Meditation on the Medicine Wheel: Prayers on the Sacred Circle

By Max Klinkenborg

Like the labyrinth, the most dominant geometric shape of the Sacred Circle is the circle.

“The circle acknowledges the connectedness of everything in life, such as the four seasons, the four stages of life and the four winds, and it represents the continuous cycle and relationship of the seen and the unseen, the physical and spiritual, birth and death and the daily sunrise and sunset.” —Kelly Beraulieu, an Ojibway woman.

As opposed to the linear view of life where we go from A to B to C, the circle goes from A to A; every beginning is an ending, and every ending is a beginning. The more we are in harmony with nature, the more aware we are of the cycles of life.

The second dominant geometric pattern that you see on the Sacred Circle is the two lines that bisect the circle and are at a right angle to each other. They are placed so that one is on a north-south axis and the other is on an east-west axis. The Sacred Circle is a giant compass that points to sunrise and sunset each day. Below the circle is Mother Earth and above is Father Sky; the Great Spirit is at the center where the axes cross. It is marked by a green rock that symbolizes the Spirit of Life.

The third pattern is the four quadrants of the circle that are created by the two bisecting lines. Each quadrant represents a season of the year: Spring, Summer, Fall and Winter. It also marks the four stages of life: childhood, youth, adult and elder. And it marks the four times of the day: sunrise, midday, sunset and midnight.

To use the Sacred Circle for Meditation and Prayer, one can move from quadrant to quadrant, beginning at the southeast quadrant for birth and move counterclockwise, praying for friends or family members at each stage of life from childhood, to youth, to adulthood and, finally, elder. One could also think about their own life at each stage and the people who were their spiritual teachers or mentors, praying for them, their memory and influence on our growth.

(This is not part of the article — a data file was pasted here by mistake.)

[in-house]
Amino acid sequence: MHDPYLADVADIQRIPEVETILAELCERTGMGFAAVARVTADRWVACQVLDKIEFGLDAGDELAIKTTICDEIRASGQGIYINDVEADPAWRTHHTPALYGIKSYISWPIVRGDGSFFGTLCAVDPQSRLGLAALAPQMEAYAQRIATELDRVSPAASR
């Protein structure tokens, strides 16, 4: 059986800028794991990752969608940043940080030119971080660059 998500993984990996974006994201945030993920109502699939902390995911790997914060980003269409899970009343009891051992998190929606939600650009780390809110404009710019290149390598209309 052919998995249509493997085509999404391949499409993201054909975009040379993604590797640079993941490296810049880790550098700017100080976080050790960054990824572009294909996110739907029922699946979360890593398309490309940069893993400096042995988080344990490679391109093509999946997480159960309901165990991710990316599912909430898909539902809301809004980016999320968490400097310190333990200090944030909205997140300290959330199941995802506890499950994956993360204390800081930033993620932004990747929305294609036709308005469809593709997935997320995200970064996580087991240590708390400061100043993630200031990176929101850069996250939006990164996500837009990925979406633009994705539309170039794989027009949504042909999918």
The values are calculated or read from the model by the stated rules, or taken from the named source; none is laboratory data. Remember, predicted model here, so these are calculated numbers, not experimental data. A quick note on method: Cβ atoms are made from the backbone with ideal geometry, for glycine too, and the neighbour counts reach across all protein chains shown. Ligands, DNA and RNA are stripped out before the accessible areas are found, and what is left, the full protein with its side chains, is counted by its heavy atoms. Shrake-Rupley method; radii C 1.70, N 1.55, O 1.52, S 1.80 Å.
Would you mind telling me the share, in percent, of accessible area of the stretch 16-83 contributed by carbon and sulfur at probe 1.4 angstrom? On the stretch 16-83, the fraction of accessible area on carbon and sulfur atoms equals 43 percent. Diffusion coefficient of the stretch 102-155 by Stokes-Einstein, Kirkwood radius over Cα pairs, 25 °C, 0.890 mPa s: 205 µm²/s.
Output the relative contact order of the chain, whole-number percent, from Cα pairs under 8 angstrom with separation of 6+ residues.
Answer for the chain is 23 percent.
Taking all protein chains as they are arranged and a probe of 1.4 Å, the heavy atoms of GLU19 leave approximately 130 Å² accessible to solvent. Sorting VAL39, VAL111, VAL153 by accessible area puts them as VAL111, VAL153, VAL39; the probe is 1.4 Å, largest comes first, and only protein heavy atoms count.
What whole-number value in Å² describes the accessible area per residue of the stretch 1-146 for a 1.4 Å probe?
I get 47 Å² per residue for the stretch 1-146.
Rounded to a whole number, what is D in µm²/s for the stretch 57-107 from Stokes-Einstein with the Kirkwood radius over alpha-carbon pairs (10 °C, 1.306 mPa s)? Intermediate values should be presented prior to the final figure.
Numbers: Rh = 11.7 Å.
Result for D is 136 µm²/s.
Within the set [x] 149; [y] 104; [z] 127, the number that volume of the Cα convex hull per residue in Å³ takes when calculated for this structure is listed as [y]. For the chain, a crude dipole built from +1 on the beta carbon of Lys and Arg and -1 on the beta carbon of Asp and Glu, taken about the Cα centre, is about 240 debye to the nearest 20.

Focusing on the seasons of the year, one could move around the circle thanking God for the beauty of Spring flowers, the growth of plants in the Summer, the harvest of Fall and the earth resting in Winter.

Or one could mark the four times of day with a prayer of thanksgiving for the beauty of each time: the promise of sunrise, the labor of a midday sun, the beauty of a sunset, and the quiet and serenity of midnight.

There are limitless possibilities for using the Sacred Circle as a source of meditation and prayer. Everyone can make it fit their orientation to life and their appreciation of nature.

Medicine Wheel, Sacred Circle or Circle of Life

by Max Klinkenborg

The three names in the title all describe the same pattern but from different perspectives. Medicine Wheel, which is the most common and latest naming, came from the Europeans who had concept of a wheel, an alien idea to Native Americans. Sacred Circle describes the communal, ceremonial use. Circle of Life describes the completeness and unity of life’s seasons and ages.

A Sacred Circle has been built on Church of the Palms’ property to the west of the labyrinth. Its presence acknowledges the tribal peoples who lived in the Valley centuries before the earliest explorers and their reverence for all of Creation. (Interpretive material about the Sacred Circle will be available in the literature box at the labyrinth entrance.)

The Sacred Circle was common to the upper plains tribes; the oldest and largest is the Bighorn Medicine Wheel in Wyoming, which dates back to at least 4,000 BCE, the time of the construction of the pyramids in Egypt. The Chartres Cathedral with its labyrinth in France was built in 1,200 AD, five thousand years later.

“The circle, being primary, influences how we as aboriginal people view the world. In the process of how life evolves, how the natural world grows and works together, how all things are connected, and how all things move toward their destiny. Aboriginal peoples see and respond in the world in a circular fashion and are influenced by the examples of the circles of creation in our environment.” (Dumont, J 1989)

Western thought tends to be linear, moving in a line into a new future. But for the Native Americans, they see life as cyclical: one season follows another; one generation replaces another; and sunrise and sunset follow each other. The Circle of Life is acknowledged and celebrated for its promise and predictability.

The Sacred Circle is divided into four quadrants with the lines of separation indicating the four directions: North, South, East and West. Mother Earth is below and Father Sky is above and the Great Spirit is at the center. The East-West axis points to the sunrise and sunset and sets the time of the Vernal and Autumnal Equinox that separates the seasons from Spring to Summer and Autumn to Winter. The circle shape represents life; we change like the seasons as we pass through life.

The four quadrants each have a color and a season of the year. Beyond that, the interpretation of what each quadrant means varies greatly and becomes a very individualistic interpretation, seeking meaning and relevance. The purpose of the Sacred Circle is to show the path to healing, health and balance.